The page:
Thursday, January 31, 2013

Delay in Processing for Some

Heads Up
For those taxpayers who will be claiming the Education Credits (form 8863)...that's the American Opportunity Tax Credit or the Lifetime Learning Credit, your returns will not be processed until mid February (you can still file, but there will be a delay in processing). Please don't confuse this with the Tuition and Fees deduction...those taxpayers will be processed normally.

Friday, December 30, 2011

How much of my mortgage interest will I be able to deduct ?

The Question
 How can I guesstimate how much mortgage interest I will get back?

The Answer
You are going to receive an official end of year statement probably in two weeks or less. However, you can go to your November statement (if you didn't get a December statement yet), and look at your principal paid and then the interest paid (year to date). It may be on the back of your statement...and then of course, you can always call to get a verbal account. 
Great question Joyce...Thanks

Based on some limitations, not all interest will be 100% deductable.  Please check with your tax professional for a full answer to your tax scenario.

Friday, February 4, 2011

Money is tight for ya, ain't it ?

Have you built a repoir with your tax practitioner ?  Trust , we know that it's tough out there for you.  You want to have your tax return prepared as soon as you receive your W2(s), but you just don't have the funds.  Speak up !  Talk to your tax professional about financing, partial payments, credit card payments, and even a barter agreement....Look, I'll take quarters if that's all that you have. 
The quickest way to get a little money is to prepare your taxes and to get your refund.  Don't miss your filing deadline because you didn't have all the money at one time to prepare your taxes.

Always accurate and affordable tax preparation...always free efile and direct deposit.


Visit my other blog...Los Angeles Daily Photo...


Friday, January 21, 2011

Do you know that you have to report the tips that you receive ?

Do you know that all employees who receive tips have to report their tips to the IRS.  Tips are also considered to be income.  If in any month you receive more than $20 in tips from customers, tips added to credit cards, and any tips you receive under a tip splitting arrangement,  you must report your tips to your employer so your employer can withhold the proper federal income tax, social security tax, and Medicare tax.  Let me clarify something here.  If you make over $20 in tips, you must report it to your employer, however all tips must be reported to the IRS.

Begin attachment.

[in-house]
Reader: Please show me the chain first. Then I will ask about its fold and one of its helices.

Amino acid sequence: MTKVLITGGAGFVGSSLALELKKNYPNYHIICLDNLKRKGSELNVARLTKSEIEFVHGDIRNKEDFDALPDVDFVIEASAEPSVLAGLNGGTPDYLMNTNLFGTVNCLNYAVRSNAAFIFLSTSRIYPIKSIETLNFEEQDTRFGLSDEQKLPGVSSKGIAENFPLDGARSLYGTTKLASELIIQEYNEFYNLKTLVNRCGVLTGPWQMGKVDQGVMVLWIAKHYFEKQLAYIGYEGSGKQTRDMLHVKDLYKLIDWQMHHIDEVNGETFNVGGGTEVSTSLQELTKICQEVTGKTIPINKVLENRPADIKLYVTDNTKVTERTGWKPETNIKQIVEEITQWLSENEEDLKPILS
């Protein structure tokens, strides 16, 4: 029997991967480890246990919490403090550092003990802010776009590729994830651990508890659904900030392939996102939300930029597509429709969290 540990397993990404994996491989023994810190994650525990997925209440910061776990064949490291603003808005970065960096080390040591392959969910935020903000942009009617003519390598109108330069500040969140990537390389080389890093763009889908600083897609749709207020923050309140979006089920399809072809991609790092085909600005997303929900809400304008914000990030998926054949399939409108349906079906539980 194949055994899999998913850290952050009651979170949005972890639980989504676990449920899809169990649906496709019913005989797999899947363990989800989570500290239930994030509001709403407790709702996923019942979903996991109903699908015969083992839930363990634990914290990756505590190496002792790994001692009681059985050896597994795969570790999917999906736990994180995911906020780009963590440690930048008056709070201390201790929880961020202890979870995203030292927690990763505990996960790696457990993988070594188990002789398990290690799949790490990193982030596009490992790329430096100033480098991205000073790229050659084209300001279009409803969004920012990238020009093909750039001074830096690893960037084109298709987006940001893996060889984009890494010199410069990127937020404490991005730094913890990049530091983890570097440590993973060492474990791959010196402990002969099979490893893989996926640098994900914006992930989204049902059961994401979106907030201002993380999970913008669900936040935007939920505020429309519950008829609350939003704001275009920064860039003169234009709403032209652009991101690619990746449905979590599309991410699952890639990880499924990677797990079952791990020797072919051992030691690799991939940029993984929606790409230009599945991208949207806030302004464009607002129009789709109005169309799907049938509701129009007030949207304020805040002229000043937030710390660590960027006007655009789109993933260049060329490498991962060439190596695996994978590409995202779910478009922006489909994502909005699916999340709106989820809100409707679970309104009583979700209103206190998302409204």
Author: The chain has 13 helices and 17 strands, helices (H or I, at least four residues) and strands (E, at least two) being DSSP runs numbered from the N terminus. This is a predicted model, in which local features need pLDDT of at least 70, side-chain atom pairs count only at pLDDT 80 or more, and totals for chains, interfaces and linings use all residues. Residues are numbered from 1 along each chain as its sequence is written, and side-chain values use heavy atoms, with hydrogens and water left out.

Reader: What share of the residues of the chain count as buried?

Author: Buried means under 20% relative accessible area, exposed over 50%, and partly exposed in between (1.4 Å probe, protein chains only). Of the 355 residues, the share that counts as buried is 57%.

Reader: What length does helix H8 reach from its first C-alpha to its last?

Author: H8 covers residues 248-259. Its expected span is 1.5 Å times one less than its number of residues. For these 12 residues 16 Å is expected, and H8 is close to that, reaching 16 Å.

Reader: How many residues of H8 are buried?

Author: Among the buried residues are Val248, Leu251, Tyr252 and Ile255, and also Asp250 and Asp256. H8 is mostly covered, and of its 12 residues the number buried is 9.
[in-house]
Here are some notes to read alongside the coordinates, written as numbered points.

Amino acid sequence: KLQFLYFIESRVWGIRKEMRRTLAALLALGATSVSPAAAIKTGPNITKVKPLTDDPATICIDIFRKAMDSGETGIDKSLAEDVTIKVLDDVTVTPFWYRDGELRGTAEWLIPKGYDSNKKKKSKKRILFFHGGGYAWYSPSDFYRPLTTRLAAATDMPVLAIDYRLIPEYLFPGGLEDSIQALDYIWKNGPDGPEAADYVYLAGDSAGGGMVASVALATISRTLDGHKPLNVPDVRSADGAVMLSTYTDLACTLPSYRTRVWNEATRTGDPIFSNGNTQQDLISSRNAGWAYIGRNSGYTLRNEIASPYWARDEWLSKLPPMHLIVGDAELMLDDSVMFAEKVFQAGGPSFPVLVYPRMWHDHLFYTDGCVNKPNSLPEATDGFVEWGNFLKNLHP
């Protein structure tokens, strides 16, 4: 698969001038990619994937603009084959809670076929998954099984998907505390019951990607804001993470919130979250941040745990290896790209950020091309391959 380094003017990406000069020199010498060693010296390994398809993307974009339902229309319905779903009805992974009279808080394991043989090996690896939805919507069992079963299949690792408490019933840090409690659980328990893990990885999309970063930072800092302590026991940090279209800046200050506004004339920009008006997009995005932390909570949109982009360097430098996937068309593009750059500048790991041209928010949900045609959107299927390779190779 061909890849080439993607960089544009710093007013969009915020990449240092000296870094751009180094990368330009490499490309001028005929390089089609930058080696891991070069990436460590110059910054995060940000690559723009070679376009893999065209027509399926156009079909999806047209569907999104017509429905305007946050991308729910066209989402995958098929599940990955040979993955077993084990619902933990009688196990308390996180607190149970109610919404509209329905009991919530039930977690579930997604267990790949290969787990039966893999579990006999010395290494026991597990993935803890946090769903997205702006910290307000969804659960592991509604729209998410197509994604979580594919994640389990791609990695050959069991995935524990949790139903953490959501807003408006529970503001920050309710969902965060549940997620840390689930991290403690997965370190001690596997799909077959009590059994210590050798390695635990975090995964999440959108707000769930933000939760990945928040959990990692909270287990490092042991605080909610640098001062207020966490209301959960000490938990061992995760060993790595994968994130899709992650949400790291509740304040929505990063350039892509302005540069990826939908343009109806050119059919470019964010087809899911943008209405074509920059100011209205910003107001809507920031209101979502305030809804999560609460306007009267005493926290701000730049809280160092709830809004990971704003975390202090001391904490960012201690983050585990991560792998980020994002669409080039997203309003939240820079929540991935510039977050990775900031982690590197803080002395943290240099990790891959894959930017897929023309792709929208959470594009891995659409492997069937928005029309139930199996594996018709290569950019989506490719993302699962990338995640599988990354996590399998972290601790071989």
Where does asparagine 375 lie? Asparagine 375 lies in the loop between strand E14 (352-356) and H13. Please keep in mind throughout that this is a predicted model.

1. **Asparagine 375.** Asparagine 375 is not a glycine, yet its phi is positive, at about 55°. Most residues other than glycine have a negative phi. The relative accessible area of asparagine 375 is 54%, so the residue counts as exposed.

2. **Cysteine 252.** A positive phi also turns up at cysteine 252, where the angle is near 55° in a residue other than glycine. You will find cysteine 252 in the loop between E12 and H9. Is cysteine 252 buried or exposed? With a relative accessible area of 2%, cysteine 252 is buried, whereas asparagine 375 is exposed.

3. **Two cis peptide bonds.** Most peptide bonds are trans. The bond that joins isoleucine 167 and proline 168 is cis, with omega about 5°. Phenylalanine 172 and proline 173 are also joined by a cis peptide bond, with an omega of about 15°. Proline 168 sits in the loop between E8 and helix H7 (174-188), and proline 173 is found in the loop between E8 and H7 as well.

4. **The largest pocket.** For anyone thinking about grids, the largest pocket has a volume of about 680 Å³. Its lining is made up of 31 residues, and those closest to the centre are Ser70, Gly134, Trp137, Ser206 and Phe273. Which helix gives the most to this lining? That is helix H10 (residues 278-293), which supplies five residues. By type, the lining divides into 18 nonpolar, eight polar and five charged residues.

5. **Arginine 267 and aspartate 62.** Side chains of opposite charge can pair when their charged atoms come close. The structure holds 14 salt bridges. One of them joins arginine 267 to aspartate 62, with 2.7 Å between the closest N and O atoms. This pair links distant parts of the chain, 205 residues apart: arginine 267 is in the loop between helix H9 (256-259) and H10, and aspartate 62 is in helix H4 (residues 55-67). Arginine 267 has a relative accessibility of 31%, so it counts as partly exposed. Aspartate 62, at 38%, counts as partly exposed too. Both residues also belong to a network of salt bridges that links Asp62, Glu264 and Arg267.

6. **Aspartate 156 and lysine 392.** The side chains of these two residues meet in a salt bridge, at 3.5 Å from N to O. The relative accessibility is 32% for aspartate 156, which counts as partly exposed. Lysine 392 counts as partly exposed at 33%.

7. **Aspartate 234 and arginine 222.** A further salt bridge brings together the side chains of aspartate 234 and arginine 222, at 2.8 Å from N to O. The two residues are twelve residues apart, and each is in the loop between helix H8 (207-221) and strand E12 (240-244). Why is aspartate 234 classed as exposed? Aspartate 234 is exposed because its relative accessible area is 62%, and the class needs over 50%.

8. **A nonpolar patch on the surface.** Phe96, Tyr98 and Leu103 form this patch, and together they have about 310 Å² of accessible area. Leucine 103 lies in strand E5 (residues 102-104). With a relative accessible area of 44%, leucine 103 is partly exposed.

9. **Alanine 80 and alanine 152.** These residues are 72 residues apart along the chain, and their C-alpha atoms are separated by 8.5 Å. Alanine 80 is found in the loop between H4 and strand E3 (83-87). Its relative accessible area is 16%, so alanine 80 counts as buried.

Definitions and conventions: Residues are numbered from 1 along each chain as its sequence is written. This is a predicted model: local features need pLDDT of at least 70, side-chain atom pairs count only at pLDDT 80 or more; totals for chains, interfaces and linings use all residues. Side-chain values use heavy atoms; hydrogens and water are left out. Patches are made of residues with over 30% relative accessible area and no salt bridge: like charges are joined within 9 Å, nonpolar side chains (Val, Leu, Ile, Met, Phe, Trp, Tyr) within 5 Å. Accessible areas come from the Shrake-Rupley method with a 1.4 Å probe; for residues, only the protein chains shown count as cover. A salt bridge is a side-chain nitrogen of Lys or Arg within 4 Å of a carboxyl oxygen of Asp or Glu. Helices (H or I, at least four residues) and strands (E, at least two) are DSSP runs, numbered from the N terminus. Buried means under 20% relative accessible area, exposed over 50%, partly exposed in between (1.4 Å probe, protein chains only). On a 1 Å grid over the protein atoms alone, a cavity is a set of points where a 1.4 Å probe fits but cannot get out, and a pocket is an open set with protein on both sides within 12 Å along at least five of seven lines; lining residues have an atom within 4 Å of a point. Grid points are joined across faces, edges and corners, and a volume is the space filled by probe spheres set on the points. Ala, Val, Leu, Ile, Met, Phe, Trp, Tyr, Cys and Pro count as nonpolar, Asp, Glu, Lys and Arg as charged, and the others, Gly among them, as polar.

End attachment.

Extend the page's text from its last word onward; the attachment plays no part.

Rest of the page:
You must keep a daily log of all tips received. You employer is automatically going to allot tips received to all employees based on their income received.  If you turn in your figures for tips received, your employer will withhold the taxes and it will be reported on your W2.  When it's time to file your taxes, you will report your figures (in gross income) and not your employer's tip figures.

Keeping a daily log is important.  This shows due diligence in the event of an audit.  

Contact me for clarification on this topic or to ask any tax questions.
Now is the time to start your daily log for tax year 2011, if you haven't already.

Always accurate and affordable tax preparation.
Wanda E Green

Monday, November 29, 2010

Open that letter !

How many of you,  right now, have somewhere in your home, that (those) letter(s) that you received from the IRS (Internal Revenue Service) and have been to afraid to open ?
Open that letter !
Some of you know what that letter pertains to, and some of you have no idea.  Folks, for those of you that know that you have to file a tax return, and your letter is assessing a crazy looking tax bill...what you need to do is file a return for the year in question.  Understand that the IRS just knows that some employer or some entity has reported that they paid you money....and yes, the IRS wants their cut.  The IRS does not take into account any credits, that you are entitled to or any dependents you may have or in the case of the business owner any business expenses you may have a right to claim. This is where your tax practitioner comes into play.  He or she will prepare a tax return that encompasses any taxes paid, any credits, exemptions, write offs and always your standard deduction...this will bring you to your actual tax liability if there is one at all.
Speculating that you are working with past year returns...make sure that you SIGN YOUR RETURN, before you send it in.
Many folks receive letters just because they haven't signed their tax return.
All letters received from the IRS will have the department that it is coming from and a phone number to call.

Here is an important fact; if you have a tax liability after preparing a tax return and you are sending that return in late, you will be assessed a penalty for not sending your return in on time by tax day.

Please look at all correspondence that you receive from the IRS. Receiving a letter from the Internal Revenue Service doesn't always mean that one is in some kind of trouble or that you owe money.

I offer free telephone consultations. call me with your questions.  If you need me to, I can call the IRS for you.
Always affordable and accurate tax preparation....always free e-file and direct deposit.

Wanda E Green

Thursday, March 18, 2010

Avoiding tax errors

The IRS has just sent out a directive (Tip 2010-52) that points out the following errors to avoid during this tax season. Any one of these errors may impede the processing of your tax return and delay the receipt of your refund.